When the Sabbath was over, Mary Magdalene, Mary, the mother of James, and Salome bought spices so that they might go and anoint him. On entering the tomb they saw a young man sitting on the right side, clothed in a white robe, and they were utterly amazed. He said to them, “Do not be amazed! You seek Jesus of Nazareth, the crucified. He has been raised; he is not here. (Mk 16:1; 5-6)
The Sabbath rest had ended which meant that Jewish law now permitted the disciples of Jesus to attend properly and reverently to his dead body which was laid in the tomb just two days before on Friday. The three women brought fragrant oil to anoint him (Jn 12:7). They came to do their pious duty to bury the dead (Tob 1:17) as this was thought to be contributory to the general resurrection. They had not yet any sense of an individual resurrection – of one man rising from the dead on his own power. If Mary Magdalene and Martha’s sister Mary are the same person (as held by the Latin Fathers) then at least one Mary arriving at the tomb of Jesus would have seen Lazarus rise. Yet, Lazarus did not raise himself.
The women found the tomb empty and were “amazed”. No doubt they were amazed at the angelic messenger whose task it was to say nothing more of his Lord’s whereabouts than, “he is not here”. Further, who would not be amazed upon finding the tomb of a loved one open and empty? The Gospel of John tells us that Magdalene reported the event to Peter and John whom she accompanied back to the tomb; and after they departed, “Mary stayed outside the tomb weeping” (Jn 20:11). She could not help fearing that someone had taken the body of Jesus (Jn 20:13). Sadly, Mary Magdalene was not uplifted from the angel’s message that Jesus had been raised. She only knew that He was “not here”, and she desired so dearly to be near Him.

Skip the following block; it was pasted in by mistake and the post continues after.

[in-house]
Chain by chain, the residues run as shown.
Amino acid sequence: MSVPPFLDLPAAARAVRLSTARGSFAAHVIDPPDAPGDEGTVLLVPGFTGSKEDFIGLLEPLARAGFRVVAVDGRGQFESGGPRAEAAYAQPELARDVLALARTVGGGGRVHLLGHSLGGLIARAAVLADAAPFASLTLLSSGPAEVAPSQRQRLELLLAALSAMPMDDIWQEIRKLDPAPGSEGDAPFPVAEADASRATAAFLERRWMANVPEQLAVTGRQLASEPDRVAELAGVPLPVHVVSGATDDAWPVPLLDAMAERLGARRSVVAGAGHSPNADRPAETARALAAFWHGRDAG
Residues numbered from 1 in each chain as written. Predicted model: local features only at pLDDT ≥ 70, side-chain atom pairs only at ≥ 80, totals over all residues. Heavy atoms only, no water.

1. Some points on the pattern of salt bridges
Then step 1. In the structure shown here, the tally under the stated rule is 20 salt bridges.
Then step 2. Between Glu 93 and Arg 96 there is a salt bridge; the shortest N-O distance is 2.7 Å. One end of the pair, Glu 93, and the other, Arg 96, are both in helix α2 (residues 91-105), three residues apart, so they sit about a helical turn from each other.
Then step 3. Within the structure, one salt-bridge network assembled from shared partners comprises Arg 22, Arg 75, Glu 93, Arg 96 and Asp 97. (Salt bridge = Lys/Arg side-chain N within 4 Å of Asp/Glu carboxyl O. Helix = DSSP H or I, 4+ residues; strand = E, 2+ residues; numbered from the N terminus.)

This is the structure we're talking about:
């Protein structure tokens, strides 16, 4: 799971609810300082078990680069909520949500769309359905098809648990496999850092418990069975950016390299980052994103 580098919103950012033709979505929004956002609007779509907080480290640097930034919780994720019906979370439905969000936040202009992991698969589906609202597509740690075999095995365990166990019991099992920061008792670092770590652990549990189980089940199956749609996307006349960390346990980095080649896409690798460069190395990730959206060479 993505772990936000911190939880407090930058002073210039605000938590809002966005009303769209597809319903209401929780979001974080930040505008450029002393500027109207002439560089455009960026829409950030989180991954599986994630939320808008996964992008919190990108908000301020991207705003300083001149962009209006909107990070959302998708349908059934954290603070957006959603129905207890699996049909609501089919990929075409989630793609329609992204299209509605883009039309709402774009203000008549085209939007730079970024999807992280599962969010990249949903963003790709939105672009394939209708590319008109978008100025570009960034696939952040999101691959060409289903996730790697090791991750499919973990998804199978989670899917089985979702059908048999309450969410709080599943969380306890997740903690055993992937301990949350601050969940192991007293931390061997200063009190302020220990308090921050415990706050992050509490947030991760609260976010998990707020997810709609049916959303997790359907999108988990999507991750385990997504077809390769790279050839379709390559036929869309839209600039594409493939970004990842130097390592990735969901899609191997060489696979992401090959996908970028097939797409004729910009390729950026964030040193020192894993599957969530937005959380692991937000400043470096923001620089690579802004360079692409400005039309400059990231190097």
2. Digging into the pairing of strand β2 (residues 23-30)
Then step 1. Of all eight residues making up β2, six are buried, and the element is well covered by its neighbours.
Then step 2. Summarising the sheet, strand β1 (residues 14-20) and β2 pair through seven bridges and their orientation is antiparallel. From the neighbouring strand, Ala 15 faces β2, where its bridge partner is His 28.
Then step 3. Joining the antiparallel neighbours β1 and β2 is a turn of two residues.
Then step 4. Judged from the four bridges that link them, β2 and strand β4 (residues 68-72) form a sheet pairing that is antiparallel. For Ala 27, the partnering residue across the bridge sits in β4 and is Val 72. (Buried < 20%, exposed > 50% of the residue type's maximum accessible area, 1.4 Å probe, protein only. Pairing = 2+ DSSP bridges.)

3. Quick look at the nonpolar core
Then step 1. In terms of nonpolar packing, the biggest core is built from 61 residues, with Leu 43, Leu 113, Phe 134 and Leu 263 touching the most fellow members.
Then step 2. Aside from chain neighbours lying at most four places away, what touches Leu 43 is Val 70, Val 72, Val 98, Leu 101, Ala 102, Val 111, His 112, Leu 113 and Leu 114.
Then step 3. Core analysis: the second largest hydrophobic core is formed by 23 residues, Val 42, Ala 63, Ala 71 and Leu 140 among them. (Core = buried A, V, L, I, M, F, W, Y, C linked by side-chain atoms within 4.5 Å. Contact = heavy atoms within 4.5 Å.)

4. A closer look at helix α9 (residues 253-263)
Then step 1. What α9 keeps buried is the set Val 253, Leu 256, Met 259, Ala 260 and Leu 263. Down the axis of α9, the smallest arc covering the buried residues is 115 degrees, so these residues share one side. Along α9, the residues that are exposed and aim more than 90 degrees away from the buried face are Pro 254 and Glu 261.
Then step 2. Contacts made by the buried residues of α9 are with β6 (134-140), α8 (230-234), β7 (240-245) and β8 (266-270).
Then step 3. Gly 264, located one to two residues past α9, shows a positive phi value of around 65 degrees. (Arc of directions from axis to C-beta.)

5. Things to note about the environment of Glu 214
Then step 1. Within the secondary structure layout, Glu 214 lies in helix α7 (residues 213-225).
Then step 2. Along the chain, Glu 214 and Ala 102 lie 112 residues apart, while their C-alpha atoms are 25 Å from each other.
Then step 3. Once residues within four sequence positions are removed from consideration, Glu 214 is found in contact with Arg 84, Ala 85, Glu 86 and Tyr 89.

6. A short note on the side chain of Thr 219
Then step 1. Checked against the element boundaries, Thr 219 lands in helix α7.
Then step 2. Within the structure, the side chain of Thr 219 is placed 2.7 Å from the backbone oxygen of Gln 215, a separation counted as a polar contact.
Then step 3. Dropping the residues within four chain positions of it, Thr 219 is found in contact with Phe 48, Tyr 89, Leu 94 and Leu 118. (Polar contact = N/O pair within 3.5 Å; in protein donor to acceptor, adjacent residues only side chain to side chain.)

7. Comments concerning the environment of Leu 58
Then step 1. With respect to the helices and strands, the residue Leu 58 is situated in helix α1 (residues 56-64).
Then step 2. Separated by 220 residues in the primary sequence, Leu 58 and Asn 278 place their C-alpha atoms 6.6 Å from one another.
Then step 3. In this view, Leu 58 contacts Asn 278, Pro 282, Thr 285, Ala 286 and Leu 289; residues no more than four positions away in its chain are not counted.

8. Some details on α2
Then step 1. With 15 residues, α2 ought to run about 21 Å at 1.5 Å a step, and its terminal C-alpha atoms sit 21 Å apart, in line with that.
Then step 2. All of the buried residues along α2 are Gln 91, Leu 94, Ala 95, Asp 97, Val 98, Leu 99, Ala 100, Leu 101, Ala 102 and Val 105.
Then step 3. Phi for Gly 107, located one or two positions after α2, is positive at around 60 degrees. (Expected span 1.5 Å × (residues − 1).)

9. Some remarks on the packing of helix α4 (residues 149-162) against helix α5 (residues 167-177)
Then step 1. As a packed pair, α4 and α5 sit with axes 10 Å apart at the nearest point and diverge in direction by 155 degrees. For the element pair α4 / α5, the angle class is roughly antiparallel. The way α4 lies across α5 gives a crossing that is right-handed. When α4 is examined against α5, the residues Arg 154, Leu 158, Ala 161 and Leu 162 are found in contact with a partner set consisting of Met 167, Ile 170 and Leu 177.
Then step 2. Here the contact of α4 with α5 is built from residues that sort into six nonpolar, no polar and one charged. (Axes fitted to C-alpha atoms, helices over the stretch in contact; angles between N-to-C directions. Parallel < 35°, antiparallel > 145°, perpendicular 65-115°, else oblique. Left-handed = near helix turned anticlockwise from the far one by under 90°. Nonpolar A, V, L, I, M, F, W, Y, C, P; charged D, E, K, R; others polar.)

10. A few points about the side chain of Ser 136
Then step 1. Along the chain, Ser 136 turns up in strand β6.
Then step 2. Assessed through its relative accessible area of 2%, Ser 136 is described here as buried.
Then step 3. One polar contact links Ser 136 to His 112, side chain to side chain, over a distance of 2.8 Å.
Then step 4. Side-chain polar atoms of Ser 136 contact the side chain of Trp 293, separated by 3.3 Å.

To assist us in our Sacred Scripture meditation on this glorious Easter Sunday, we have placed on our bulletin cover an image of a work by William Bouguereau entitled The Holy Women at the Tomb (19th Century). Here we see the two Marys and Salome “utterly amazed”. The woman standing needs to brace herself against the tomb wall, while the woman with her back to us peeks into the tomb with fear and hesitation. Yet, the woman in the middle who we may assume is Mary Magdalene is in full adoration posture with eyes attentive, mouth open ready to praise God, and hands folded in prayer. Through the opening of the tomb we see the preternatural herald of God, no doubt the primary source of amazement.
In this Neoclassical work, with its well squared and marbled architecture, Bouguereau creates a contrast between the ladies in mournful black and the interior of the tomb filled with smoky light as when bright rays illuminate an incensed sanctuary – most symbolic of the presence of God.
“Do not be amazed! You seek Jesus of Nazareth, the crucified. He has been raised; he is not here.” (Mk 16:1; 5-6)
–Steve Guillotte, Director of Pastoral Services